It is a difficult and confusing time for many federal employees, especially those who work for agencies expecting large budget and/or personnel cuts. Even if you are not in one of those agencies, you may still be struggling, as the song says, “should I stay or should I go?” There are plusses and minuses to both, of course.

There’s a saying in the careers industry that you’ll know it’s time to make a job or career change when you start asking yourself if it’s time to make a change. While there is truth to that, there’s more to making your decision.

What May Make You Want to Make a Change?

The first step is to assess the reason — or reasons — why you may want to make a change. Change can be difficult — it usually is — so you want to make sure that the reason you are considering a switch isn’t something temporary that will fix itself, if given enough time.

Complete Guide to Federal Career Transitions

Some of the reasons why you may be considering a job or career change are internal reasons. These can include:

• How you feel about going to work. Do you dread getting up and going to work on Monday?
• You’re bored at work. Maybe you’ve been in your position for several years and you’re just not excited anymore about the work you’re doing.
• How you feel about your co-workers and/or boss. Do you like the people you work with? Are you appreciated for the work you do?
• Organizational politics are affecting your work. For example, the mission of your agency has shifted and it is something you are having difficulty accepting.

External factors — that you have no control over — can also impact your decision to make a job or career change. These can include:

• There’s been a change in leadership in your department or in the organization. One of the top reasons for making a job change is when you get a new boss. Maybe his or her leadership style or priorities just don’t feel right to you.
• You were asked to do the same job for less money. If you can’t afford to make less but work the same amount — or more — this may prompt you to look for a new job.
• Your workload was reduced, along with your opportunity to earn more. Perhaps your job has been downgraded or no longer has a career ladder; either of these may impact your ability to earn even the same amount as before.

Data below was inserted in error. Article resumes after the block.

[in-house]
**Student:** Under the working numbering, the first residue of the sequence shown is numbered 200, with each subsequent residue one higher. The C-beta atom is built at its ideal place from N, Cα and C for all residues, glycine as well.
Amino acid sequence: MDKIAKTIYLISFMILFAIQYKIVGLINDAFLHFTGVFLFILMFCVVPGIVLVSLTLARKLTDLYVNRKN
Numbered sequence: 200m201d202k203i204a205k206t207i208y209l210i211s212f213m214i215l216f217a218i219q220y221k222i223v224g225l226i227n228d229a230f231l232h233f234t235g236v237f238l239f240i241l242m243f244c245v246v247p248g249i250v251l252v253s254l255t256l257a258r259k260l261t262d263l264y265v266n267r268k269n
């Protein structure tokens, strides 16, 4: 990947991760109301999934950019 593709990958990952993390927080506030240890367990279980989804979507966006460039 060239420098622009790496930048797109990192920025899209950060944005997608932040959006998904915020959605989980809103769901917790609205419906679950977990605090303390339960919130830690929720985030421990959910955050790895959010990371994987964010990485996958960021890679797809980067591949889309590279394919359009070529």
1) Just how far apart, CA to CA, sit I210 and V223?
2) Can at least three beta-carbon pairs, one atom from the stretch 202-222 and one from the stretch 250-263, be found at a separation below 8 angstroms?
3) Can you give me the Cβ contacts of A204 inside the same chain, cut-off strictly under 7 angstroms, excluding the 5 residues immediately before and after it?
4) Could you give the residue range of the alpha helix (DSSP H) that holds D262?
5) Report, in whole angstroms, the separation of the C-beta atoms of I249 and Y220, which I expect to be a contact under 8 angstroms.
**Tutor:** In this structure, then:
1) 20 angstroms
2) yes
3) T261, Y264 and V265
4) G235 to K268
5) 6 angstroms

Things to Consider

Even if you’ve identified the internal or external reasons that make you want to consider making a change, ask yourself this: “Is there an opportunity to improve my current situation?” As previously mentioned, some of these things may be temporary and the issue may resolve itself. But the other piece of the puzzle is you. Is there some way that you could make a change that would improve the situation?

If you feel your current situation can’t be improved, the next thing to do is develop a plan. Change can be difficult — the bigger the change, the more difficult it may be. You want to make sure you’re running towards something you want to do, and not running away from something you don’t. Being impulsive may lead you to do something you may later regret — like one of those viral “I Quit” videos that are fun to watch, but may lead to long-term ramifications when prospective employers Google your name.

Nancy Segal is a federal human resources training and job search expert. Following her own 30-year federal HR career (much of it at the senior level), she founded Solutions for the Workplace LLC in 2003 to provide an HR management perspective to both federal managers and astute applicants to U.S. government positions. Nancy has unmatched federal career management insight, high standards, and respect for people’s time, and her clients use this to their advantage.